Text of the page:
Berkley reports amid growing signs of London property market woes
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Half-year results from housebuilder Berkeley will be in the spotlight next week amid further signs of a slowdown in the London property market and in light of the Budget stamp duty give-away.
The group, which is focused on London and the South East, will be eyed closely for its views on falling demand for high-end homes in the capital, as well as any early signs of a boost from the move to scrap stamp duty for first-time buyers on the first £300,000 of properties worth up to £500,000.
There has been contrasting views among builders on the housing sector in recent weeks, although most agree that there is a clear slowdown in London - Berkeley’s main market.
Rival London builder Telford reiterated in its recent interim results that Brexit uncertainty and tax changes were knocking demand for higher priced homes in London, but said this continues to be offset by an ongoing shortage of homes in the capital.
Berkeley said in September that it was in “excellent shape” despite warning that Brexit worries were compounding already difficult conditions in the capital after recent stamp duty tax hikes and planning woes.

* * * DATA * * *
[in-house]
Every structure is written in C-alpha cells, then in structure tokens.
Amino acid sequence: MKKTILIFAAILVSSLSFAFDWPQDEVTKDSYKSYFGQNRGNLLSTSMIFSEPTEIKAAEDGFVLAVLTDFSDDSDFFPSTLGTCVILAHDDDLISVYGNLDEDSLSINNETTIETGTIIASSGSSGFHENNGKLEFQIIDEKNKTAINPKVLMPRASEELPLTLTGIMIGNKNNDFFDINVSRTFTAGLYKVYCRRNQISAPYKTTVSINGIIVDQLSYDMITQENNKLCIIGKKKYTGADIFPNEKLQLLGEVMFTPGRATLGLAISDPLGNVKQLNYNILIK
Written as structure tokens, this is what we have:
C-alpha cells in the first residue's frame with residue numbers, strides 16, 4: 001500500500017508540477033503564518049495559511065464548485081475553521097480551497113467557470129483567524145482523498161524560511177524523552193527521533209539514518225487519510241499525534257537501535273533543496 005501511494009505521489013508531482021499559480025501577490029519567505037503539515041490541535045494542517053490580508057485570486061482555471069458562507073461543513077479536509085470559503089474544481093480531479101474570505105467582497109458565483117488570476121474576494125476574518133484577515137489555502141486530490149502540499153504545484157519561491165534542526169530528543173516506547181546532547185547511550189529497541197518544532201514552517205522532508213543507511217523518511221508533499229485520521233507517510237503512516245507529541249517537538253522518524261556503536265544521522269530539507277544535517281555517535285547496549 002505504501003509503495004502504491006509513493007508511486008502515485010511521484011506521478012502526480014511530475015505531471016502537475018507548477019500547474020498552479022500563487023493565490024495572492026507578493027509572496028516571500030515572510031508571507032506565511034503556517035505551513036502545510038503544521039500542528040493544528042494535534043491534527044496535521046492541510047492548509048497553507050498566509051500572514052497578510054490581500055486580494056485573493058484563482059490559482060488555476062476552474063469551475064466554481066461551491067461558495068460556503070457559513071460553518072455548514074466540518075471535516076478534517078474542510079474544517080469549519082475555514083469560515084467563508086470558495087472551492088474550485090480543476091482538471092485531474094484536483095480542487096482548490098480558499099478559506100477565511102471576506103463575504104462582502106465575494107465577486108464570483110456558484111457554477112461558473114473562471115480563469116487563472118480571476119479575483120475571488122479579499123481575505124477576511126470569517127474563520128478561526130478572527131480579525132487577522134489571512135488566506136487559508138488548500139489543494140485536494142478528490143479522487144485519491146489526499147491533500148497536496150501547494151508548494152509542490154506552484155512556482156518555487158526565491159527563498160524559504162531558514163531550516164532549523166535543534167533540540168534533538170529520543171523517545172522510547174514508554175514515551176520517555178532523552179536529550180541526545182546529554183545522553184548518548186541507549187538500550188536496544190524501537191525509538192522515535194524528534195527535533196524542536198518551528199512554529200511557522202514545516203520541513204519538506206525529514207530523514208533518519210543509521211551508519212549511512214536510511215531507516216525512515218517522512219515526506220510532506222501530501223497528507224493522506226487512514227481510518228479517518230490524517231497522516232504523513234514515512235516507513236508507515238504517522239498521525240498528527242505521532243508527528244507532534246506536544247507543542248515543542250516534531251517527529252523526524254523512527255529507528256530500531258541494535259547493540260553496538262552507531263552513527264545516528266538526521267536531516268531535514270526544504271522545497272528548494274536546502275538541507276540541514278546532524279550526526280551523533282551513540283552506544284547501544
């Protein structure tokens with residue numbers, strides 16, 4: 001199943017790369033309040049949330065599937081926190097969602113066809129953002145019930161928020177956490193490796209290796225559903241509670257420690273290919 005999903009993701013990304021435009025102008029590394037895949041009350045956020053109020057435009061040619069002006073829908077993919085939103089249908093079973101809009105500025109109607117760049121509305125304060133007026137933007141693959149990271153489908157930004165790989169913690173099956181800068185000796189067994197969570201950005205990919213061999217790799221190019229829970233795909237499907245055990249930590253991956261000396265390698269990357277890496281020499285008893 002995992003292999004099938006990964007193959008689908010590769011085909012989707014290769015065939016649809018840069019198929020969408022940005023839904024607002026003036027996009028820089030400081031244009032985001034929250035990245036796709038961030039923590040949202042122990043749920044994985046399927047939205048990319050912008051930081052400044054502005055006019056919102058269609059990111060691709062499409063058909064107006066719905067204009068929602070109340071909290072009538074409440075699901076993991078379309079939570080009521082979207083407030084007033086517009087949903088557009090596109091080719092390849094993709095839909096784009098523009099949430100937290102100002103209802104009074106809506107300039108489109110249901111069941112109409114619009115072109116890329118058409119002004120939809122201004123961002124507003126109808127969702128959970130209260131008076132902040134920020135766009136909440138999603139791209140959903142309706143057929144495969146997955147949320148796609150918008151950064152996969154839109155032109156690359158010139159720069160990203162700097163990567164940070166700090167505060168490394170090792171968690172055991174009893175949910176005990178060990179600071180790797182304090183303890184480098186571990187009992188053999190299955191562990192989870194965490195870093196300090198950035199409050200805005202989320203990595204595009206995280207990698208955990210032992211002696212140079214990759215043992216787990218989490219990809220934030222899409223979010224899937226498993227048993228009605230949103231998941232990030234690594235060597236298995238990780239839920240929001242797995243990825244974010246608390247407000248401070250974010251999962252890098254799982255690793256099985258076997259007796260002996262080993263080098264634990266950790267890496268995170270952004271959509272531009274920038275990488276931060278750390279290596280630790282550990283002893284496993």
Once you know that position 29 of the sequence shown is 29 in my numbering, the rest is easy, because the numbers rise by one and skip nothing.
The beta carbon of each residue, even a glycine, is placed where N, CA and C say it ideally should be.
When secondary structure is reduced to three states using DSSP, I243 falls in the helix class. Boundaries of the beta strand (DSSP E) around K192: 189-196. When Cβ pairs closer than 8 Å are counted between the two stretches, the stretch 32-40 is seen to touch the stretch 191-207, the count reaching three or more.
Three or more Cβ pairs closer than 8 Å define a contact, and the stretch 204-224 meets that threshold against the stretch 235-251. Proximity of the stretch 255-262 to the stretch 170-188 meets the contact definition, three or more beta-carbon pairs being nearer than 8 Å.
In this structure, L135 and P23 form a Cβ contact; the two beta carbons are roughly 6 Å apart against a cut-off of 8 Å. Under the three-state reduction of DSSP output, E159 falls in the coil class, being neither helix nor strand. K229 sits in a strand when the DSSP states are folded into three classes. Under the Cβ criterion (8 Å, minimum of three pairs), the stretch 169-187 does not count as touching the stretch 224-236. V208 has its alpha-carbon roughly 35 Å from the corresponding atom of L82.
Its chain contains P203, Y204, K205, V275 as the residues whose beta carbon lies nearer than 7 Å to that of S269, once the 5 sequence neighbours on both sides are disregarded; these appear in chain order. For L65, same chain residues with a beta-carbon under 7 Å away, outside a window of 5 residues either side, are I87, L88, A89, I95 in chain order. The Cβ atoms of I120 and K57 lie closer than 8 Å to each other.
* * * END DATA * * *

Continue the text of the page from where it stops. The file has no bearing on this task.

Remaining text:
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It said that new construction in London remained 30% lower than 2015 levels due to a challenging planning environment.
But Berkeley also confirmed that annual profits were on track to be “at least as strong” as the previous year as sales prices for the first four months of its year were above its business plan.
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Friday’s figures are also set to see the group confirm that it expected to make at least £3 billion of pre-tax profit by 2021.
Analyst Chris Millington at Numis said there was scope to increase this target.
He added: “In our view, the main focus of the update will be Berkeley’s assessment of current market conditions and whether the changes to stamp duty in last week’s Budget have had any noticeable impact on the demand profile.”
Berkeley’s interims also come after it faced a showdown with investors over pay plans with top bosses.
The plans were passed at its annual general meeting in September, but 16% of shareholders voted against the plans amid a backlash over a £92 million windfall for six executives thanks to a long-term shares bonus scheme set up in 2011.